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3.5mm eyepiece on an APM 70mm ED-APO BT?

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#1 zerodur

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Posted 18 September 2019 - 01:53 AM

Hi all! My first post.

I'm trying to pick a pair of eyepieces for my new APM 70mm ED-APO binoculars (90 degree; 400mm FL or f/5.7). This will be my first binocular telescope (shipped today; Thanks Mike@OSO!). I'm considering the TV Delos 6 or the Pentax XW 7, but am curious to know if a 5mm or even a 3.5mm would be usable in my bino. I'm interested in bright planetary targets - mostly our moon, but being able to readily separate the ring from Saturn would be nice too. A long FL refractor is probably more suitable for this but I don't have one. I live in the city so no DSOs anyway. It's the 90-degree model so no daytime use. Probably.

I've seen a lot of discussion on eyepiece tradeoffs for telescopes, but found little for small BTs. I'd imagine BTs come with their own challenges (limit on magnification by collimation, no tracking mount, weight and bulk of WF eyepieces...). Reading Pinac's review it seems collimation won't be a problem at 80x, but pushing it to 114x with the 3.5mm brings it too close to that oft-cited "50x/inch" limit.

Telescope Calculator also warns me of the small exit pupil (0.61mm with the 3.5mm, 0.88mm with the 5mm), but without any prior experience with BT I don't have a reference to understand what "image may be dimmed" might look like. I wonder if the smaller exit pupil is still usable given that I view with both eyes (I do have slight astigmatism so do wear glasses), it's an APO triplet, and it's mostly bright targets I'm looking at? Not planning to get another scope soon so I don't have to worry about them being too short for scopes with long focal length further down the road.

I also haven't picked a tripod mount yet (trying to decide between a Benro gimbal head with a cheeseplate or something like a Manfrotto MVH502AH - APM's fork mount is too big for the 70mm), as I don't know if the lack of tracking might become an issue at the 114x magnification. My copy of Stellarium won't accept magnification >100x for binoculars so I can't get a sense of how narrow the 3.5mm view will be (should still give a small margin around the moon judging from the numbers?).

The advice for bino beginners is almost always to trade magnification for a wider and brighter view, but I already have a Monarch HG 8x42 for low-power wide-field "sweeping", and the APM already comes with a pair of UFF 18mm (~22x) so I think I'm well covered in the low-mag area. I got hooked on the 60deg aFOV and the bright 5mm+ exit pupil of the Monarch HG, so now I want to see what a 70+ degree aFOV look like (so no DeLite). I can't quite justify the price of Ethos, and I'm guessing it's probably a waste of the 100deg for planetary viewing at a mere 400mm FL (tell me if I'm wrong). Also got spoiled by the long eye relief of the Monarch HG so I'd like to stick to the XW/Delos for their 20mm ER rather than the Nagler.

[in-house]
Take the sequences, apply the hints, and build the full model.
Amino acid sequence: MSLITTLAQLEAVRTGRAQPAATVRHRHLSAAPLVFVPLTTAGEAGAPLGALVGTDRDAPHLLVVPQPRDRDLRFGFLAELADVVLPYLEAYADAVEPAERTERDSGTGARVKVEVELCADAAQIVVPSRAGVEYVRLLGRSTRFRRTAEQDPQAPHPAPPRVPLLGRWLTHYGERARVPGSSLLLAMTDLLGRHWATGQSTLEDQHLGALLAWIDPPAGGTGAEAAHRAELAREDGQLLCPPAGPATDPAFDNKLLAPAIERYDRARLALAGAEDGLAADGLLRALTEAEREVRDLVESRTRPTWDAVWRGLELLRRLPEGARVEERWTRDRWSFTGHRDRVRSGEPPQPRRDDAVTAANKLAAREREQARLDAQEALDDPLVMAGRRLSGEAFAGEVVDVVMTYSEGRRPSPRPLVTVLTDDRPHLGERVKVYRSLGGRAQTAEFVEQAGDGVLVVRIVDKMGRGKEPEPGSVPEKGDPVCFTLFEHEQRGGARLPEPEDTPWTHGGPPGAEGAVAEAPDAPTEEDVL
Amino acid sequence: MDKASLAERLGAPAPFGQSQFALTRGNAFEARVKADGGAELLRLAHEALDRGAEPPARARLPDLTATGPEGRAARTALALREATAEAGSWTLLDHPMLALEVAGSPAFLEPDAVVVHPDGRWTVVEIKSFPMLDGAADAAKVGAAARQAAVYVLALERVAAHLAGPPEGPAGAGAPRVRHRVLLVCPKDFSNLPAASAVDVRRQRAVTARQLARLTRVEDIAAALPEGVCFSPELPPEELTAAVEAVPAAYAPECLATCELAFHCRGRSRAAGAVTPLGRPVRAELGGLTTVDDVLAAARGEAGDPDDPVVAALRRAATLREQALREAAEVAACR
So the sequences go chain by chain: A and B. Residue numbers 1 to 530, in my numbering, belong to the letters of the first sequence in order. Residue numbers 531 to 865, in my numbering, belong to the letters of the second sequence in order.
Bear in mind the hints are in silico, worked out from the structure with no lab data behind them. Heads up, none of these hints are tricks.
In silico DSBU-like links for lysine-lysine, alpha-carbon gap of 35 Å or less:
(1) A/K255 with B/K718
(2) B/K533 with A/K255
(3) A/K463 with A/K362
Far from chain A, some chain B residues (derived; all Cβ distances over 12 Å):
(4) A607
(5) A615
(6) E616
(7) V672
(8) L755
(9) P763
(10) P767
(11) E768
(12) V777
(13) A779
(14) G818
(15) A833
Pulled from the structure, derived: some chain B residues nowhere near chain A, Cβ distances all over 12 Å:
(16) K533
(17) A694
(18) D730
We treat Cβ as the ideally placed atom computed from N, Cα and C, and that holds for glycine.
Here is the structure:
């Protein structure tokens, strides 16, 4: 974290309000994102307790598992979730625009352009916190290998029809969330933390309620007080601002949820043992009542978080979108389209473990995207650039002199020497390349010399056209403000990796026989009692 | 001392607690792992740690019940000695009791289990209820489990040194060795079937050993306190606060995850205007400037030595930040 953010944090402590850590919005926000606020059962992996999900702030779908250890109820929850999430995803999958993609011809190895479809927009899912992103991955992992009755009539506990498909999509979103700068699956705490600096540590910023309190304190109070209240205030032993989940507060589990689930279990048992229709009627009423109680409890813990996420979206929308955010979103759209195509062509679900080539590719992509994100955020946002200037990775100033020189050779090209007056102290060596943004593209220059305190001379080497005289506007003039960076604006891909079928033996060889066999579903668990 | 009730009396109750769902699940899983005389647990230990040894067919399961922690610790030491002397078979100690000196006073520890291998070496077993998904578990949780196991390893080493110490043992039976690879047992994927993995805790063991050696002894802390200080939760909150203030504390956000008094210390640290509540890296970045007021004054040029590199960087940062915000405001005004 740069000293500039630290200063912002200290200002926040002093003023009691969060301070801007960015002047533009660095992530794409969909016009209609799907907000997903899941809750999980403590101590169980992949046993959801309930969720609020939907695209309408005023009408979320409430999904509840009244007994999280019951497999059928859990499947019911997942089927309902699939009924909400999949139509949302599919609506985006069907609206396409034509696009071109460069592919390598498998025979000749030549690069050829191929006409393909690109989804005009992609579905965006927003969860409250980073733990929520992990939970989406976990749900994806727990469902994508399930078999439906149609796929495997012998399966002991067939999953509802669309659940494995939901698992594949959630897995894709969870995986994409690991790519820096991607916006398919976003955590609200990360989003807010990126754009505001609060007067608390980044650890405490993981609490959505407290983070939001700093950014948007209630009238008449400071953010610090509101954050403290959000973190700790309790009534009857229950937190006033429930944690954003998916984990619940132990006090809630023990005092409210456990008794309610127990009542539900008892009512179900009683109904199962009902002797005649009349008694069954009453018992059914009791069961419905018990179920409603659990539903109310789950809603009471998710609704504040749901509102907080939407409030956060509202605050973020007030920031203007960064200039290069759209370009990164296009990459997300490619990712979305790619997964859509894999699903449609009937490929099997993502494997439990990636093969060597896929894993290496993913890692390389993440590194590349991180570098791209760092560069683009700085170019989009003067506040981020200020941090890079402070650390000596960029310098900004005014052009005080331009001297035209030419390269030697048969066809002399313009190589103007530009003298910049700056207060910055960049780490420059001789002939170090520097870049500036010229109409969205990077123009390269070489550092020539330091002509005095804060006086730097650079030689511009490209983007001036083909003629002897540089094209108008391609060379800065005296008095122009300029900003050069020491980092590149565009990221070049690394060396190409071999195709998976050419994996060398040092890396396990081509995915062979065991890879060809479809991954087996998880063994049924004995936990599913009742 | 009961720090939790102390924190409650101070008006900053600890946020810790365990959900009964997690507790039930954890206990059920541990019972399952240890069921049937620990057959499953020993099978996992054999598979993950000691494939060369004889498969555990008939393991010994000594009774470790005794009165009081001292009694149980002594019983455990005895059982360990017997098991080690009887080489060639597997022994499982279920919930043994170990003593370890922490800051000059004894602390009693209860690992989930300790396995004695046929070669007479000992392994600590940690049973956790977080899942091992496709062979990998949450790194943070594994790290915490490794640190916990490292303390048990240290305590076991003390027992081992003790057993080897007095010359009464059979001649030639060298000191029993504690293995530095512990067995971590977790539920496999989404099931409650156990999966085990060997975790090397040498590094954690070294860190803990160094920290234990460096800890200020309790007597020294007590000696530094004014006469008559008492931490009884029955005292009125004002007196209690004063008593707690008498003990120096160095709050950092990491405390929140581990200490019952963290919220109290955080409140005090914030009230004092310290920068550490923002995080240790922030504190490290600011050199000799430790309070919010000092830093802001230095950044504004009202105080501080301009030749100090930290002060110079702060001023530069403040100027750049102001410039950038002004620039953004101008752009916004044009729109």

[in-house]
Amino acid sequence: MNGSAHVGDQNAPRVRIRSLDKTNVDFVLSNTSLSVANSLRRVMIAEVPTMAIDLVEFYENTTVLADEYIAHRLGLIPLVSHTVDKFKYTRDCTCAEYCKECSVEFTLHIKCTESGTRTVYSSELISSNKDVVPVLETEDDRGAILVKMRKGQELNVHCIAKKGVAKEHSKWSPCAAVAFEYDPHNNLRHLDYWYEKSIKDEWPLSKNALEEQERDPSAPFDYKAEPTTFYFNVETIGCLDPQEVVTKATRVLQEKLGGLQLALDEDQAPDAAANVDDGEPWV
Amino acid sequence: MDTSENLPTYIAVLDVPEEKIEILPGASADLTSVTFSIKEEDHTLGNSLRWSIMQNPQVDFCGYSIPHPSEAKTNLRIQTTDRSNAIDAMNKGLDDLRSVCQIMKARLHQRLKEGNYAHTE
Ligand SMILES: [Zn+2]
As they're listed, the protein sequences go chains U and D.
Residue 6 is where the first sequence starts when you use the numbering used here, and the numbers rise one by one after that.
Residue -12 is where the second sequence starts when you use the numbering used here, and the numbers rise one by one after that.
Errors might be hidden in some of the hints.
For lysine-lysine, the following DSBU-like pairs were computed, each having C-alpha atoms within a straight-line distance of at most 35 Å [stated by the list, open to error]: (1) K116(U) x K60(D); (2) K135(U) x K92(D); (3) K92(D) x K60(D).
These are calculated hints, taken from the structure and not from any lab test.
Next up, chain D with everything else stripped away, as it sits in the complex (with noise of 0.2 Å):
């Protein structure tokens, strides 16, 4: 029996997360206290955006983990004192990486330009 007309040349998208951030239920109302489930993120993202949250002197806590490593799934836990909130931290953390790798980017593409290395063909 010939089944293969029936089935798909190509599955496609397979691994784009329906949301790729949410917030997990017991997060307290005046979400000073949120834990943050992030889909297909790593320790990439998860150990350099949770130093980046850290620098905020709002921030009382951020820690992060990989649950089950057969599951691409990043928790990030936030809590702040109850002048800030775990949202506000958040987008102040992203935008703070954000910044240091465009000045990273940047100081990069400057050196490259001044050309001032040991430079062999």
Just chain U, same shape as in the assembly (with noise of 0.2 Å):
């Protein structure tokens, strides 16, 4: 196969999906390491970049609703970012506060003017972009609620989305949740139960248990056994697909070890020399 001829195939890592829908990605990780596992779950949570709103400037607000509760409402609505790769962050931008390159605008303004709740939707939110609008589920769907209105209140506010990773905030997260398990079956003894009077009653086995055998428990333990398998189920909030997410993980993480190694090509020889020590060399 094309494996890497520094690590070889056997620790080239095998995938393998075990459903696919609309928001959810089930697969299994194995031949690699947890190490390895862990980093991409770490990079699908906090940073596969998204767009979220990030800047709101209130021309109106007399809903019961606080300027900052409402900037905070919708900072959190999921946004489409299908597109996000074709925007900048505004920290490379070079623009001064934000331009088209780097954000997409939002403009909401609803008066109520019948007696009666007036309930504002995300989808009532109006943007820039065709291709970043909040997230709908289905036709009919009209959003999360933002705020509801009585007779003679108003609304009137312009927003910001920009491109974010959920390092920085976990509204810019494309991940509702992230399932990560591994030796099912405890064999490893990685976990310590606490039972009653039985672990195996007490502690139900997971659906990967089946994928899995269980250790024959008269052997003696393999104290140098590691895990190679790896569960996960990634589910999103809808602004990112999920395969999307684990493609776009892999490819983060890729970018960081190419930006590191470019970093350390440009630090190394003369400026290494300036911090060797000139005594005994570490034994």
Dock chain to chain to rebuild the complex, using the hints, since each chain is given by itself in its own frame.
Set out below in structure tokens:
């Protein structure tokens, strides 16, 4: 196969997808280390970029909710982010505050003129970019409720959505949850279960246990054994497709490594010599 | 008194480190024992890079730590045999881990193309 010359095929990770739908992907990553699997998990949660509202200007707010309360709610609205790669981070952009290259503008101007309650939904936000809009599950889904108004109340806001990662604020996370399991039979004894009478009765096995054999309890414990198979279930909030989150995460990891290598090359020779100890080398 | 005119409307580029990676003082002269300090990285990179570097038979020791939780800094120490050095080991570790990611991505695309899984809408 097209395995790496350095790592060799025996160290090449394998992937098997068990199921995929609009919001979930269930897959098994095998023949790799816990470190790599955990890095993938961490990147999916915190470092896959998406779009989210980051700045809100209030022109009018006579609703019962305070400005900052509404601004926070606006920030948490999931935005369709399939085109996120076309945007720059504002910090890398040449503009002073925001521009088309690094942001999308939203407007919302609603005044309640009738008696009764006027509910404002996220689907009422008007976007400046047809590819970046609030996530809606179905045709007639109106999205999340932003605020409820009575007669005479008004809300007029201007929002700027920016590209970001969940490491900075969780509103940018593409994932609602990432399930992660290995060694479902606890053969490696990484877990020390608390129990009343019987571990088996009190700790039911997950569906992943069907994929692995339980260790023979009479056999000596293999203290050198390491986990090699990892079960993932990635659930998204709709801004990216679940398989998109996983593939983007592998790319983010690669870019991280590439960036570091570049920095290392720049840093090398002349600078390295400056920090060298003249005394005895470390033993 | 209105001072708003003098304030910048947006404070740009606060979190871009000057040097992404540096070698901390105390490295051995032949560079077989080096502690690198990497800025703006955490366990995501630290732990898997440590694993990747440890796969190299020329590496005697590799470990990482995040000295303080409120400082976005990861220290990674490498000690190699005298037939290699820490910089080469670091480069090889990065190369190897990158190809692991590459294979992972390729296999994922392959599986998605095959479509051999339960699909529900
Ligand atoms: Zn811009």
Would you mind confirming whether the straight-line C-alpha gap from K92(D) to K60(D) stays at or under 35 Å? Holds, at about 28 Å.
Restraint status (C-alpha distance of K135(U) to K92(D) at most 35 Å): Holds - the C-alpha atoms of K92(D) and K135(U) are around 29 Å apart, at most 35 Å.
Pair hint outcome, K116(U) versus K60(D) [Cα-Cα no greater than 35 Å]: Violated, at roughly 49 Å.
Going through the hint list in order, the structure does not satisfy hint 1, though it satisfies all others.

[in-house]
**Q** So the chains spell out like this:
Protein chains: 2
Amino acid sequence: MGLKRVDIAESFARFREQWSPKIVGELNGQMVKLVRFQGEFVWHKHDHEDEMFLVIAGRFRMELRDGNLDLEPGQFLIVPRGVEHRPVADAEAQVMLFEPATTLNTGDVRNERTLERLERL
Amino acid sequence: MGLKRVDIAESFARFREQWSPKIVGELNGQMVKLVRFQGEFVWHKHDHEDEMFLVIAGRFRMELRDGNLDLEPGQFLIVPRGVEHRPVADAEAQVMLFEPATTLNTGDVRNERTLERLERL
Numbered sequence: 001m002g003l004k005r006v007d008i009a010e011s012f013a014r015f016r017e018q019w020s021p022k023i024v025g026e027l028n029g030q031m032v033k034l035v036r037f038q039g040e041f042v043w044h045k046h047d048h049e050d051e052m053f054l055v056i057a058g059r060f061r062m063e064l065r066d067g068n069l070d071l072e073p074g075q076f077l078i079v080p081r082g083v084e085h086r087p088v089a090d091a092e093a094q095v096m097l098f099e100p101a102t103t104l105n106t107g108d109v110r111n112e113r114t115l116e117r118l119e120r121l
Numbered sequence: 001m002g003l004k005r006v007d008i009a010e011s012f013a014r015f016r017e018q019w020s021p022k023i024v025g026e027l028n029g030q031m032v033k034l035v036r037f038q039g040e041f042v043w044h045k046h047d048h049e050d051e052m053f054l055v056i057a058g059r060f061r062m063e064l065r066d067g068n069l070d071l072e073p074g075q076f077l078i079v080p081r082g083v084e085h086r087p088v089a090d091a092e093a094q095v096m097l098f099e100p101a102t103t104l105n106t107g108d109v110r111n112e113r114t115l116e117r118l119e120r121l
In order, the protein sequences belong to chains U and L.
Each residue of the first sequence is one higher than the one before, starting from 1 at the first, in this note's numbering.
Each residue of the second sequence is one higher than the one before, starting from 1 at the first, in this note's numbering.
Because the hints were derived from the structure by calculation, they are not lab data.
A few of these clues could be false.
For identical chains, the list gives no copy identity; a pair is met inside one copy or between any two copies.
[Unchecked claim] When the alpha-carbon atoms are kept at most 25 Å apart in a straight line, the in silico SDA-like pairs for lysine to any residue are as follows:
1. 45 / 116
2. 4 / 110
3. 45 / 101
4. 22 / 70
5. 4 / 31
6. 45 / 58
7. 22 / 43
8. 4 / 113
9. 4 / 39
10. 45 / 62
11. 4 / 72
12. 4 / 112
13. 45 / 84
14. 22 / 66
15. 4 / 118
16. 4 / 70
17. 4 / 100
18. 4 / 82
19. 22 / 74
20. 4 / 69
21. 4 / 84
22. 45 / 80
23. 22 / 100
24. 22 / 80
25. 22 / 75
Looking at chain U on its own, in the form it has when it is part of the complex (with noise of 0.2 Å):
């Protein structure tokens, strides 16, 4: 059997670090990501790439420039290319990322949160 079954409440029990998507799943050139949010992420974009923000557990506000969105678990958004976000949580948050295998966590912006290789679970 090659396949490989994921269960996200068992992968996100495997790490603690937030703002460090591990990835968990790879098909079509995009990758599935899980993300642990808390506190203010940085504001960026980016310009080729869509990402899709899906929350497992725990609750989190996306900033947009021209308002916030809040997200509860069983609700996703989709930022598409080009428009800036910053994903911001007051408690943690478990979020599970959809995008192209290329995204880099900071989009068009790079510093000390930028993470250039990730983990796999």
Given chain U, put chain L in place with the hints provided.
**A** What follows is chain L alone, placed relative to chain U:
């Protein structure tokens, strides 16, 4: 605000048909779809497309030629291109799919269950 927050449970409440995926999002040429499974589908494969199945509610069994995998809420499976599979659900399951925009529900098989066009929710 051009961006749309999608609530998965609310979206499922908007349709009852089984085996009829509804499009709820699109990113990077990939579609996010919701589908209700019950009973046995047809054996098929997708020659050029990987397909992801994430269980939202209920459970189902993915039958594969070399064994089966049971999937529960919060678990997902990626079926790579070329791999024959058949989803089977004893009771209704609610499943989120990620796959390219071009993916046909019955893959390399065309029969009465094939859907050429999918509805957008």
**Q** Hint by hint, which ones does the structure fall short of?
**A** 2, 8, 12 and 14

At this stage in life I can't carry/store/afford a full set of eyepieces, so I want to get it right the first time. I don't know if anything I have said applies to my BT-eyepiece combo, and what other considerations I might have missed. Any advice would be welcomed.

Aloha,

 



#2 ThomasM

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Posted 22 September 2019 - 06:31 AM


Clearly  the strength of all binoculars and the APMs are no excpetion are wide fields and low magnification. Since you need two eyepieces per focal length a full set can be quite expensive and even more if you make an unthougtful choice. The 70 mm APM is a very nice instrument but certainly not first choice for planets at high magnification. With 3,5 mm the image gets dim, I once watched Jupiter  and the moon with the APM 70 mm and with Siebert eyepieces - I think starsplitter 3.4 mm - and the image was not convincing me. With a Borg 71 FL binocular  it was slightly better, but not everbodies will like it.

Why not considering the Baader Morpheus line, excellent eyepieces, reasonable price, very good for binoviewing. The 6,5 mm works finde with the AMP 70 mm.

 

best regards

 

Thomas

 

p.s. many different questions in one post, I suggest to start with the 18 mm UFF before making next steps

 

 


Edited by ThomasM, 22 September 2019 - 11:05 AM.

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#3 zerodur

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Posted 01 October 2019 - 11:23 PM

It's been "cloudy/rainy nights" since I got the APM 70mm, until last night when the cloud cleared enough for me to try it out on the planets.

 

Made a leap of faith and got a pair of 5XW. At 80x the view was definitely much dimmer than what I'm used to in my 8x42, but it was still pretty bright for Jupiter and Saturn. Jupiter was a warm-white disk with 1~2 belts. I have no experience with better instrument, but I'm guessing this is due to a lack of contrast rather than sharpness or resolution. Don't know how that can be improved though (bigger aperture? different magnification? filter? better observation site?).